Ever since he became the number two citizen in our nation, he has maintained those attributes that have distinguished him as a man of destiny. This is seen, especially in the gracious way he wields power with alluring humility and exemplary focus. He has also demonstrated with his life’s trajectory that spirituality, finding expression through law and politics fundamentally transforms the human condition for good. To date, he maintains this unique philosophy and poise. Little wonder he is being projected by Providence to handle even greater responsibilities in service to our nation.
Every student of divinity, who has given some serious reflections on the way Providence directs the affairs of men would agree to the fact that while it is true that all men are created equal, there are some amongst them who have gained the employ of divinity to influence the destiny of others and such men are often driven by events influenced by the undercurrents of times and seasons, usually leading to positions of greater selfless service for the common good. Nicholas Sparks, the American Novelist, rightly observed that “there are winds of destiny that blow when we least expect them. Sometimes they gust with the fury of a hurricane, sometimes they barely fan one’s cheek. But the winds cannot be denied, bringing as they often do, a future that is impossible to ignore.”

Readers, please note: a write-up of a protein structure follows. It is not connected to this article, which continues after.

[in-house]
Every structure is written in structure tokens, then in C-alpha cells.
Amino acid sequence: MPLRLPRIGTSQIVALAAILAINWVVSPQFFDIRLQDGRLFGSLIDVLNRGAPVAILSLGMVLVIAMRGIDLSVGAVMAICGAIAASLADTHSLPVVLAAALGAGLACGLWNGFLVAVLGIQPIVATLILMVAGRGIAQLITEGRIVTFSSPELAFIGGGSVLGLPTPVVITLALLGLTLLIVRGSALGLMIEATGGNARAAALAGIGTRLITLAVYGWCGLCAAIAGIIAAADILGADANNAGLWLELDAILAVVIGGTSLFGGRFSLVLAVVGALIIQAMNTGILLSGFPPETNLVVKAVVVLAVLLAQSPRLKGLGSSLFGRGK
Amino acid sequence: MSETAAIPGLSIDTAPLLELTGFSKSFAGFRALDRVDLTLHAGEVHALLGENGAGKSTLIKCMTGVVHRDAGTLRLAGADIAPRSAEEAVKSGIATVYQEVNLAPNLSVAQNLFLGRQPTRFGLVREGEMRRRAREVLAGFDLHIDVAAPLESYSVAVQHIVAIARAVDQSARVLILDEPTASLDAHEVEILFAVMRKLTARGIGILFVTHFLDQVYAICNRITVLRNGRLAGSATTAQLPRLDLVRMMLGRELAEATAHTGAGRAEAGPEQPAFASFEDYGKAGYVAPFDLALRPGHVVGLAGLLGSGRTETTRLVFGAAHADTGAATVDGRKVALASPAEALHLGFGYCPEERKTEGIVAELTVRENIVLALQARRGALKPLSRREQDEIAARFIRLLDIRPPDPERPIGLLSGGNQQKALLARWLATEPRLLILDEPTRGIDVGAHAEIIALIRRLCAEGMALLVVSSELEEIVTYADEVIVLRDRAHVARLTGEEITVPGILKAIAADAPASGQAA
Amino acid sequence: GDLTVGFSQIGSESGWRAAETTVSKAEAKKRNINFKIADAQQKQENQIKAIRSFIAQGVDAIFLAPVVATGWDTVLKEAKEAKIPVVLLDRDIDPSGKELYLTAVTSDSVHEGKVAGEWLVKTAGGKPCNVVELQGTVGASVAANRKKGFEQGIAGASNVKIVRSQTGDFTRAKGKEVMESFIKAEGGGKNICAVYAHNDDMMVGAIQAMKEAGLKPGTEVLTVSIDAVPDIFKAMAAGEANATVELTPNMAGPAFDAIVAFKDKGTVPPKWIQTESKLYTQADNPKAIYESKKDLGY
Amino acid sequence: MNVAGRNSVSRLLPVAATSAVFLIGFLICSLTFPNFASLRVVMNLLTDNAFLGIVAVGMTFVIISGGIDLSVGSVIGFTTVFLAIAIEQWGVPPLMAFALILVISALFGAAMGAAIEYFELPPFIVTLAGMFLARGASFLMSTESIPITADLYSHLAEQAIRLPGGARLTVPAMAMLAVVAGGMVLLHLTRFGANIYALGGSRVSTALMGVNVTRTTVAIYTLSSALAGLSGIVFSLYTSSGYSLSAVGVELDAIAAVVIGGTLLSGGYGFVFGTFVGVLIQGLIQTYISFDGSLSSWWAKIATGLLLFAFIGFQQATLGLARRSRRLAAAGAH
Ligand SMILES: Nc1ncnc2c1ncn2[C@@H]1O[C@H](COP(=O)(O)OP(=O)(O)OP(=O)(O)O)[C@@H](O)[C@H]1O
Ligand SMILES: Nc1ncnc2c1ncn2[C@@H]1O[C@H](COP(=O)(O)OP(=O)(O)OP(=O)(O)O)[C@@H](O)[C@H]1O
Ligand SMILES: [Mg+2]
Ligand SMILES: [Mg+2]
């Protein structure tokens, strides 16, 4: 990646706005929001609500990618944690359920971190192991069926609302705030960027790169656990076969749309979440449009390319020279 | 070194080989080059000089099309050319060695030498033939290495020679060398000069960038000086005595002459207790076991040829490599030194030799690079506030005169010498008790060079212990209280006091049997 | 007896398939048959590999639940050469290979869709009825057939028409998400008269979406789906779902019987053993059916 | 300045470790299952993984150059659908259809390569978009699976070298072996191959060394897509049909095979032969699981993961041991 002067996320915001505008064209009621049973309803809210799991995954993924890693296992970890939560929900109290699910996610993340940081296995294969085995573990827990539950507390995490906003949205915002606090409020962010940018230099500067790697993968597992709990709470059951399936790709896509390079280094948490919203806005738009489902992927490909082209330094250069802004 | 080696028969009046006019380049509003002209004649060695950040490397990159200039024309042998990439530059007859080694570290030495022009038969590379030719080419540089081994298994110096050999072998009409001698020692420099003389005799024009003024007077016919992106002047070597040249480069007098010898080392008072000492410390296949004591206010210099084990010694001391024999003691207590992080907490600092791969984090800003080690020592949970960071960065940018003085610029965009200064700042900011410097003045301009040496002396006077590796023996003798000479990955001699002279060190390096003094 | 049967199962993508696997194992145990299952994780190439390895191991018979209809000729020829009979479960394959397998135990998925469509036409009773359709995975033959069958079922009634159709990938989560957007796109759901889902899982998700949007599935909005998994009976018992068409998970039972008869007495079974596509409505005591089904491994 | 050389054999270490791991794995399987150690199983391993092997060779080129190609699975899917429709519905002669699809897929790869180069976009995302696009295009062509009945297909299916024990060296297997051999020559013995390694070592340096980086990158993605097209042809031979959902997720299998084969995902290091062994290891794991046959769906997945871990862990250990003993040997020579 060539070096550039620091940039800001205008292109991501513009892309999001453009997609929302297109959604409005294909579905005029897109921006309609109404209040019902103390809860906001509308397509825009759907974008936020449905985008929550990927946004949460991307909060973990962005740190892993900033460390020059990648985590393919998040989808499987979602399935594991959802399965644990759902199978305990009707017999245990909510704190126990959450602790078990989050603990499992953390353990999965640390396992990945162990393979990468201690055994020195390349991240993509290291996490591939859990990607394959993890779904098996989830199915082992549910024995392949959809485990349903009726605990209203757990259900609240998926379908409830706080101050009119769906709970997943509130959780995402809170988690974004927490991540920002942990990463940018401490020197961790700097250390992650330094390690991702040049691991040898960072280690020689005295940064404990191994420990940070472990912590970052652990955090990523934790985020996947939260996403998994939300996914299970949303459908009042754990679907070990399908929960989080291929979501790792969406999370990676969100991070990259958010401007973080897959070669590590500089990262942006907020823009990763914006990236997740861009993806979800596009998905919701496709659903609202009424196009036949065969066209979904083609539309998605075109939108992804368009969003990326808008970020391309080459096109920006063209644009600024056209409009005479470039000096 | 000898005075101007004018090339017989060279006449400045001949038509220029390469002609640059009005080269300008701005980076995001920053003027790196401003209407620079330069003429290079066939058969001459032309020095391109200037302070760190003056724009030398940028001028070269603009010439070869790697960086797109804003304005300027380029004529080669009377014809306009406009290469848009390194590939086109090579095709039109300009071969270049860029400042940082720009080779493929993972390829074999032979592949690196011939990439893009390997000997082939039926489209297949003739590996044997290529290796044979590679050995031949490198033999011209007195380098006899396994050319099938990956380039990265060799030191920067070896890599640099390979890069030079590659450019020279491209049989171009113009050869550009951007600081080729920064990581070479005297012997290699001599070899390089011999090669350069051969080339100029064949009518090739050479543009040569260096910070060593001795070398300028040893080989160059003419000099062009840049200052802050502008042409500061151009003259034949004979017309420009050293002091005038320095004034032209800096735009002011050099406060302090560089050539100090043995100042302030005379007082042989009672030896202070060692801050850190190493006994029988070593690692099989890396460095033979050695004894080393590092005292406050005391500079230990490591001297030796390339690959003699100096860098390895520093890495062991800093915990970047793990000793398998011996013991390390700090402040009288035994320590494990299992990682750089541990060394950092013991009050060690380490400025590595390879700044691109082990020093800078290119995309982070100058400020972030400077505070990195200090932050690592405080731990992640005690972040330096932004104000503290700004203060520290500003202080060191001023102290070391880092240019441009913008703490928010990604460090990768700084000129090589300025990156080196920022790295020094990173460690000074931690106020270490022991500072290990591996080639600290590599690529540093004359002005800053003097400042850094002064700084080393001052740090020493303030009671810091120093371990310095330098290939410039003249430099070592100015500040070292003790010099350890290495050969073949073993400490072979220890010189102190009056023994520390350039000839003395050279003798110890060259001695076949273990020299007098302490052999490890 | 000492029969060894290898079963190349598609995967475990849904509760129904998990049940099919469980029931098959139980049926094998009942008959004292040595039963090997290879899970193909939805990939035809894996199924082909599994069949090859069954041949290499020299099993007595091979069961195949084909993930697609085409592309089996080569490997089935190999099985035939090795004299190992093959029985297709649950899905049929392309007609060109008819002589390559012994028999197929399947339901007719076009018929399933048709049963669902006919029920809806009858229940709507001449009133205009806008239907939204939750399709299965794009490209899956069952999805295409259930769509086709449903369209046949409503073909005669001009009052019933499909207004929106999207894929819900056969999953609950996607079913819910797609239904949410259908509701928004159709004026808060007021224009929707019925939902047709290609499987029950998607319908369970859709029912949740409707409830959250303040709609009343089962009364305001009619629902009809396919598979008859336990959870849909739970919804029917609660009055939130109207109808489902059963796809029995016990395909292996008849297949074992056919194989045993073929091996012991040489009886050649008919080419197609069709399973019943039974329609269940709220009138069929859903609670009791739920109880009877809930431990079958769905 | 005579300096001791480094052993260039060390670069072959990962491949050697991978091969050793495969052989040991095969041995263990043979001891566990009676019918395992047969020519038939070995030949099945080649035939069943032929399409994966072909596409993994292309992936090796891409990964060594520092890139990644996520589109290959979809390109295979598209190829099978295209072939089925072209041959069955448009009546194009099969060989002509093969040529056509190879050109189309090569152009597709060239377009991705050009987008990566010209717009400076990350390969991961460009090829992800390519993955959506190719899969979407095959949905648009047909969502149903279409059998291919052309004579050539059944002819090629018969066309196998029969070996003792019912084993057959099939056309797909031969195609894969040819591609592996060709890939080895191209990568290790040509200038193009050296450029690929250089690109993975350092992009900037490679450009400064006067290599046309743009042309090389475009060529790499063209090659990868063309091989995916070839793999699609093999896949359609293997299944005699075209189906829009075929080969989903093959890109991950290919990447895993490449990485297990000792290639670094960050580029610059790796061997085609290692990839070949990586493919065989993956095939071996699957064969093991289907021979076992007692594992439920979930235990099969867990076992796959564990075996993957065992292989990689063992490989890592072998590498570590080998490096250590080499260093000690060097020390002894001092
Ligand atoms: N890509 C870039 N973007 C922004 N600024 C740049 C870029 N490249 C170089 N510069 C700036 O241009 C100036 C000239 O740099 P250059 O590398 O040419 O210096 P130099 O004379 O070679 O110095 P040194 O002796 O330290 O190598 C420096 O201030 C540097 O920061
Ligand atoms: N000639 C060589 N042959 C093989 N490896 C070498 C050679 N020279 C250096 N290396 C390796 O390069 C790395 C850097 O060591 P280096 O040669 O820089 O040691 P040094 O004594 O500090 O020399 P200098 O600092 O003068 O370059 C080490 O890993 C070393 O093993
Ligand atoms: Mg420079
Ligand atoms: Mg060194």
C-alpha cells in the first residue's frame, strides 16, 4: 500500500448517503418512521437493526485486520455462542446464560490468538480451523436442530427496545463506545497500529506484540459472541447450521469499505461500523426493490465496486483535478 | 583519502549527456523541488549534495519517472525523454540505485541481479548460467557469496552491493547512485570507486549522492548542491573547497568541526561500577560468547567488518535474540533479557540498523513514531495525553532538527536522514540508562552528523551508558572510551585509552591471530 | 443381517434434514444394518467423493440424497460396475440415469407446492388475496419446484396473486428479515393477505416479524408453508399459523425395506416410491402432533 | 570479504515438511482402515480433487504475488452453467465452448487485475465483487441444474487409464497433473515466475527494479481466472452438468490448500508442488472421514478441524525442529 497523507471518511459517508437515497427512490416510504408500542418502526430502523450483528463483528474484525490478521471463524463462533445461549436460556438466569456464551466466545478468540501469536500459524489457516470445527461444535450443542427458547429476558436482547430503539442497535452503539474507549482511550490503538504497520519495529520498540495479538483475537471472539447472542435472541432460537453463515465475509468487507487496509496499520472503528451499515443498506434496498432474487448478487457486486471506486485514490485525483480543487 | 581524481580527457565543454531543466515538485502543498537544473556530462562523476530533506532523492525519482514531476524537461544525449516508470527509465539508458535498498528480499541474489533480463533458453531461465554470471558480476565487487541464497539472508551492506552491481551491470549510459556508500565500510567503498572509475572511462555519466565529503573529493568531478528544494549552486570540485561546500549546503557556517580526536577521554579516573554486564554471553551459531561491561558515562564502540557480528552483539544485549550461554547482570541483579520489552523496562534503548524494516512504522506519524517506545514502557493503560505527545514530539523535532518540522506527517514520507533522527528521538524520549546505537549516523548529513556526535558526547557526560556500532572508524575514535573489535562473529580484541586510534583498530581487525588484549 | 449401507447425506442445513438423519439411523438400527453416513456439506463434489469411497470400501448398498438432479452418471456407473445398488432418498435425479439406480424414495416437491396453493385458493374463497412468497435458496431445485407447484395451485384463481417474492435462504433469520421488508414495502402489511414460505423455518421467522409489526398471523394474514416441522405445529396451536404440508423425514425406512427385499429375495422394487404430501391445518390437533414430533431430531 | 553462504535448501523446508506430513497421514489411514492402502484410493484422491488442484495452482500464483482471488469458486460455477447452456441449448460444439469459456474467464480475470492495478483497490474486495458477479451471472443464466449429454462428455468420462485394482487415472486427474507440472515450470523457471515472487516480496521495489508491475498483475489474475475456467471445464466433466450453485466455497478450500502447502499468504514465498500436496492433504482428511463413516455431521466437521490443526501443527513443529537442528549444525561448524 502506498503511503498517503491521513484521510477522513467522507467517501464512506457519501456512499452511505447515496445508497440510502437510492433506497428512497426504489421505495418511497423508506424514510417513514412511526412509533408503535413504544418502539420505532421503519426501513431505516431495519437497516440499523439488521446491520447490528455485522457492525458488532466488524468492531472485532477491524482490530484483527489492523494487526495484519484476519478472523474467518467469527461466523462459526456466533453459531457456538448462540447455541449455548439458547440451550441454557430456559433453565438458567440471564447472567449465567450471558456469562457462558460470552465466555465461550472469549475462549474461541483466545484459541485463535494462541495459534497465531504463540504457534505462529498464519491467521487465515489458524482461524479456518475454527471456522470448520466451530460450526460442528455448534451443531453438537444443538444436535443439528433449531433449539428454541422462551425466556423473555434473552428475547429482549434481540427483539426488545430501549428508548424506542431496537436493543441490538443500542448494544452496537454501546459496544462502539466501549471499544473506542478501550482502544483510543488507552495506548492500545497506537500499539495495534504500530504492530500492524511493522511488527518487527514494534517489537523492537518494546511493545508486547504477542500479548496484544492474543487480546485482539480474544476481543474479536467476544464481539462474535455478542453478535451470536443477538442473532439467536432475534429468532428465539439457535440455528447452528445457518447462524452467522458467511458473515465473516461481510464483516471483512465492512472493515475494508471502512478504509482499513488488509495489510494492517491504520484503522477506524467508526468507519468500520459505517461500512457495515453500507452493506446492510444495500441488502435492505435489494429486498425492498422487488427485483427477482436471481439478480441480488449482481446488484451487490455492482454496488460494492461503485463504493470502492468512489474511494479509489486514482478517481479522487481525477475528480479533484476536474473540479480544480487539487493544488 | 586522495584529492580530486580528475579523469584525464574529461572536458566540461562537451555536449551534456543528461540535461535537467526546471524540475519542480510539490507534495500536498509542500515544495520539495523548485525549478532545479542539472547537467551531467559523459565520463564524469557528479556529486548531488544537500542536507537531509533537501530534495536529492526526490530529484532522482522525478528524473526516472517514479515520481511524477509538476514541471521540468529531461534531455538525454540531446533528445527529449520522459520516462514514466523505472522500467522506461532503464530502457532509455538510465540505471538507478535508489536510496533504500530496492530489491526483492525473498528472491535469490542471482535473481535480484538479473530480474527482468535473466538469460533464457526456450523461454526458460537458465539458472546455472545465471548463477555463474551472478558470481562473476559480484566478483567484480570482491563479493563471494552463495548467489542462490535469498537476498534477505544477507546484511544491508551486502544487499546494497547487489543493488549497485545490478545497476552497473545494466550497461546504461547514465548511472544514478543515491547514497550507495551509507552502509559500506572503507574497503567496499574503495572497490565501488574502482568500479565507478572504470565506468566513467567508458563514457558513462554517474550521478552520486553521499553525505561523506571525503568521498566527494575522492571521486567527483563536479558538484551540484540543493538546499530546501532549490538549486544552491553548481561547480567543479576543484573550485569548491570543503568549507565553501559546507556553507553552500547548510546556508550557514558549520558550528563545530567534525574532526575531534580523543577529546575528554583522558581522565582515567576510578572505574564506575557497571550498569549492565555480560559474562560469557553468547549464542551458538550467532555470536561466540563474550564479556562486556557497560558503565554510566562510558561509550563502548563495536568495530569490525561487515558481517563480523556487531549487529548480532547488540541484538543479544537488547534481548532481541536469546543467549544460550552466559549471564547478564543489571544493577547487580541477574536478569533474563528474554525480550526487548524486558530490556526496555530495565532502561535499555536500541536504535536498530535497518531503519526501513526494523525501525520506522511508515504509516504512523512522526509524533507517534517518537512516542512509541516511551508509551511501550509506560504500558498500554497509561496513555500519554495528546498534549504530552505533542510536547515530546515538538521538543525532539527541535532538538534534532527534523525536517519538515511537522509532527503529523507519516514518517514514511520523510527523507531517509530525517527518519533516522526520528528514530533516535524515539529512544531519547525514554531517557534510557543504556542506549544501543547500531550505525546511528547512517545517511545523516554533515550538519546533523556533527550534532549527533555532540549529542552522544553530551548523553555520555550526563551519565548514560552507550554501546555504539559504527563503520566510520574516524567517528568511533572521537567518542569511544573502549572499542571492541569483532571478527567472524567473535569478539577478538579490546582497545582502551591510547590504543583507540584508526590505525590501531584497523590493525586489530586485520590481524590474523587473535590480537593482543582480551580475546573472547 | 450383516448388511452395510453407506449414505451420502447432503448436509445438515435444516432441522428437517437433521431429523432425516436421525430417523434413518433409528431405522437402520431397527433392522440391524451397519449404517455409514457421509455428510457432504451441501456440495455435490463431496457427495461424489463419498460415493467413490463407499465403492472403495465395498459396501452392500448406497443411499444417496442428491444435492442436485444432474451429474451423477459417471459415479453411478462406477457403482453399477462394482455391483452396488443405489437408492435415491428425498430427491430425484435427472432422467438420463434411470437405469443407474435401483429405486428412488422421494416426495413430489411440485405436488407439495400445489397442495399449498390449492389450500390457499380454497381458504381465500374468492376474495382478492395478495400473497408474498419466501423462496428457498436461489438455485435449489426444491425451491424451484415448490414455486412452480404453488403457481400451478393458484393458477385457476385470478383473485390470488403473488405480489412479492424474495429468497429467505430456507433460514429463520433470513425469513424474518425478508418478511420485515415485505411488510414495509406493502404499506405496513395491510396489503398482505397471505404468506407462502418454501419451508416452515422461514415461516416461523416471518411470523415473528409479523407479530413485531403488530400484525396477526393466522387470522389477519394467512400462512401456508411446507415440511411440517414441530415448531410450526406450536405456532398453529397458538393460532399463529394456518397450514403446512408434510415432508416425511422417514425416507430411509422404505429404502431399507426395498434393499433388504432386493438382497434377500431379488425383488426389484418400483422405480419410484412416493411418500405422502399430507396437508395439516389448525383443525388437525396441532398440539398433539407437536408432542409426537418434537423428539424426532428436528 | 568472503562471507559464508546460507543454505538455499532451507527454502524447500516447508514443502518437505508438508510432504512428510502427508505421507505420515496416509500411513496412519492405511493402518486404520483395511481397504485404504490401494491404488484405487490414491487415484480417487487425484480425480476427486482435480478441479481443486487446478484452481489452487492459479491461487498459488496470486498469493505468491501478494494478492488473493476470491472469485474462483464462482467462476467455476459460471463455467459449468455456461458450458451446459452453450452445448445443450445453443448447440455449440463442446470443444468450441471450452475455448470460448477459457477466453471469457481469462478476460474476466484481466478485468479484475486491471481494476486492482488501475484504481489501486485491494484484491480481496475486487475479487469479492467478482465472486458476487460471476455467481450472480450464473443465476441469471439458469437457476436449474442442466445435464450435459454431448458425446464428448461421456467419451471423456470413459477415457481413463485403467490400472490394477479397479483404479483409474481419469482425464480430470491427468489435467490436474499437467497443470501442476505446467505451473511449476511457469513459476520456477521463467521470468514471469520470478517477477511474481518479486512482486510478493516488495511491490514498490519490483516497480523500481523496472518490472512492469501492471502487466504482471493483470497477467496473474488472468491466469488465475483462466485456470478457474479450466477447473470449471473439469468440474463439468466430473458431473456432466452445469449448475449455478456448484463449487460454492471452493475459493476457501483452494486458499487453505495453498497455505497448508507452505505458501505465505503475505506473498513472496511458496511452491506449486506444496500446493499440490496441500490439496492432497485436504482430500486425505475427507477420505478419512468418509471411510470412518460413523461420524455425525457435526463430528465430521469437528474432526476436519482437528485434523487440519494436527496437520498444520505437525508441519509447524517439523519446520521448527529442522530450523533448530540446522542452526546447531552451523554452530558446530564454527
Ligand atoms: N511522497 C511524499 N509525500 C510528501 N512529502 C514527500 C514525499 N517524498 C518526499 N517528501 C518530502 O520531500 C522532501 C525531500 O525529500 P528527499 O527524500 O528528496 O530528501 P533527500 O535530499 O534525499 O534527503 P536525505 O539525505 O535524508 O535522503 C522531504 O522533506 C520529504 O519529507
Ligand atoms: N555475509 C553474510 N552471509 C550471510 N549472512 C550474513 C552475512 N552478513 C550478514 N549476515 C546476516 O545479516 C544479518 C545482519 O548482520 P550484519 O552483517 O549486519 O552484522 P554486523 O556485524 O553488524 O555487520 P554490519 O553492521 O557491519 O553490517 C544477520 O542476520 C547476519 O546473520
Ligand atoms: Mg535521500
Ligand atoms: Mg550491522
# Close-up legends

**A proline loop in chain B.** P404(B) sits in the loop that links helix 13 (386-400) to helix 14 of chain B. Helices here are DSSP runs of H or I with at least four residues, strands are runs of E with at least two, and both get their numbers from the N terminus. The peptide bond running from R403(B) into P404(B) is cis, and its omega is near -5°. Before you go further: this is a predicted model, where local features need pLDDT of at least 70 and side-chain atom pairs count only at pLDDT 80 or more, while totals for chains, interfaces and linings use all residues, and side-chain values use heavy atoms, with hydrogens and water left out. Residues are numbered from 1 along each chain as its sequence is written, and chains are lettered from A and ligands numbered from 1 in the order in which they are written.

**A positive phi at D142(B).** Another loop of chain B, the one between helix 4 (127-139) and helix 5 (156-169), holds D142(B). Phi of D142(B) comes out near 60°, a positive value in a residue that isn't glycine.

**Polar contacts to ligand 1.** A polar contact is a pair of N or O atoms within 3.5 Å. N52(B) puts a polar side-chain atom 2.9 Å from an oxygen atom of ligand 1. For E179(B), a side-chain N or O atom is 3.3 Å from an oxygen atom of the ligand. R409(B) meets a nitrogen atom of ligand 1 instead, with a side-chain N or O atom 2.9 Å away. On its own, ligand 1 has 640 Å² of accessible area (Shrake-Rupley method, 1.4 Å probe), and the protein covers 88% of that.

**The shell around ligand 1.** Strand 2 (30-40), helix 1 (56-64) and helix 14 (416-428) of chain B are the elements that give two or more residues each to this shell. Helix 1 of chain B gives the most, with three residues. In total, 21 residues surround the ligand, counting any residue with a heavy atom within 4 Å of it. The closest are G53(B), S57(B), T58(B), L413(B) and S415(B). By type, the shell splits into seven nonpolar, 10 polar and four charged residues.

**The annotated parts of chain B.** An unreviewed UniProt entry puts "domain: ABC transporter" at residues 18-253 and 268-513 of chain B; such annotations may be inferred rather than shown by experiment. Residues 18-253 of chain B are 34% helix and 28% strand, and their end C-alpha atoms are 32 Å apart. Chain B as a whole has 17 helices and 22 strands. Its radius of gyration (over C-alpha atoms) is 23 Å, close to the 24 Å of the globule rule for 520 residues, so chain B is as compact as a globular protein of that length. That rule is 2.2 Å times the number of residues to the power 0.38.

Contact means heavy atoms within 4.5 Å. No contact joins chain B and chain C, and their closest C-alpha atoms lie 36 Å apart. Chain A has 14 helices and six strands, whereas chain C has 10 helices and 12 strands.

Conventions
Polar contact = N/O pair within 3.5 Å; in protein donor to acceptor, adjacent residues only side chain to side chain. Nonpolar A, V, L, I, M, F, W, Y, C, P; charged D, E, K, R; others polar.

That wind of destiny is blowing across our nation, redefining our political dynamics especially as the countdown to 2023 begins— a year that many pundits have predicted to be a decisive year in the historical evolution of the Nigerian nation. For everyone who is concerned about the present and future of the Nigerian nation, the year 2023 presents a remarkable opportunity for Nigerian citizens to make a critical decision that will influence the course of Nigeria’s democratic experience and Prof. Yemi Osinbajo’s personality distinguishes him as a man of destiny for our nation at such a time as this.